New technique to track aerosol spread more accurately

March 13th, 2009 - 2:51 pm ICT by IANS  

Washington, March 13 (IANS) Aerosols, those tiny, ubiquitous particles in the air, may profoundly affect global climate. But scientists have long struggled to measure their composition, size and global distribution accurately.
A new detection technique and a new satellite instrument (Glory) developed by NASA scientists, the Aerosol Polarimetry Sensor (APS), should help ease the struggle.

Some types of small aerosols - such as black carbon from motor vehicle exhaust and biomass burning - promote atmospheric warming by absorbing sunlight.

Others, like sulphates from coal-fired power plants, exert a cooling effect by reflecting incoming solar radiation back into space. Overall, aerosols present one of the greatest areas of uncertainty in understanding what drives climate change.

But quantifying the influence of aerosols on the atmosphere and climate has been hampered by difficulties in measuring the aerosols themselves.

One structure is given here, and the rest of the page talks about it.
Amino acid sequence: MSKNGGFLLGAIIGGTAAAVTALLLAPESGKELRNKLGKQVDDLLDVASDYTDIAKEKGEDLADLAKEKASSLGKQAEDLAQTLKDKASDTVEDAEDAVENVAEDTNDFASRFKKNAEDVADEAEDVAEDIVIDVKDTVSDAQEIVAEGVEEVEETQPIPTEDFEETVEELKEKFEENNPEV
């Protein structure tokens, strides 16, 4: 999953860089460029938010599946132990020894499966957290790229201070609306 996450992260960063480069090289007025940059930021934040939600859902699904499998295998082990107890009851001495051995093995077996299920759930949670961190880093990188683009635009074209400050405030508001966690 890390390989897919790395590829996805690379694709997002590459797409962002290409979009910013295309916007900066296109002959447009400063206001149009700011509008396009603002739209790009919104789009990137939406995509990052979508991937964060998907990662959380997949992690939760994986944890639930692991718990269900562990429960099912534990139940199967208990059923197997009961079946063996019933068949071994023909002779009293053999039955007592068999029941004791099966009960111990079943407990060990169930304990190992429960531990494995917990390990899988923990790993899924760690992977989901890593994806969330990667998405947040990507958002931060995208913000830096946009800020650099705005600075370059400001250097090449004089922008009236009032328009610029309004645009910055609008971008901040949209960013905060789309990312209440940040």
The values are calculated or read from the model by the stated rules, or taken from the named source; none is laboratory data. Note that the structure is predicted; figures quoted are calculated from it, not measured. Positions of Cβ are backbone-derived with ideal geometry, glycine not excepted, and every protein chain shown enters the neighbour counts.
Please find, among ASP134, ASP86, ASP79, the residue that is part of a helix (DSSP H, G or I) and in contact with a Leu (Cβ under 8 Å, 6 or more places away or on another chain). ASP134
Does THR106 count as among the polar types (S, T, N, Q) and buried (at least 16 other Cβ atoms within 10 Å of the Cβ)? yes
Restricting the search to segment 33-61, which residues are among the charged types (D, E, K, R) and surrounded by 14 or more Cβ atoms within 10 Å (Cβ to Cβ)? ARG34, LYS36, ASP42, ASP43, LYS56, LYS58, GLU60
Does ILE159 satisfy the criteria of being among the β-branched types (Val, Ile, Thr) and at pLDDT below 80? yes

The problem is especially acute over land, where the glare from sunlight reflecting off Earth’s surface overwhelms the passive imaging instruments scientists typically use to detect aerosols.

In recent years, however, researchers from NASA Goddard’s Institute for Space Studies (GISS) in New York City have developed new remote-sensing techniques to more accurately measure aerosols over land.

Research Scanning Polarimeter (RSP), an aircraft-based version of APS, is the first such instrument to measure polarized light at one particularly important wavelength (2.2 micrometres).

“The 2.2 micrometre channel is critical because it provides the only passive method we have to retrieve accurate and detailed aerosol properties over land surfaces,” said Michael Mishchenko, Glory’s project scientist.

RSP uses crystal prisms to effectively filter out the bright glare from earth’s surface, functioning somewhat like polarised sunglasses by only allowing light waves oriented in specific directions to pass.

According to Brian Cairns, aerosol climatologist at GISS who has pioneered the technique, polarised images have a dull tone that make the subtle hues of aerosols easier to detect amidst the shades of grey land.

“The blueish tint of small aerosols in the atmosphere is more clearly distinguishable with polarized light,” Cairns said, according to a GISS release.

The results were presented in the Journal of Geophysical Research.

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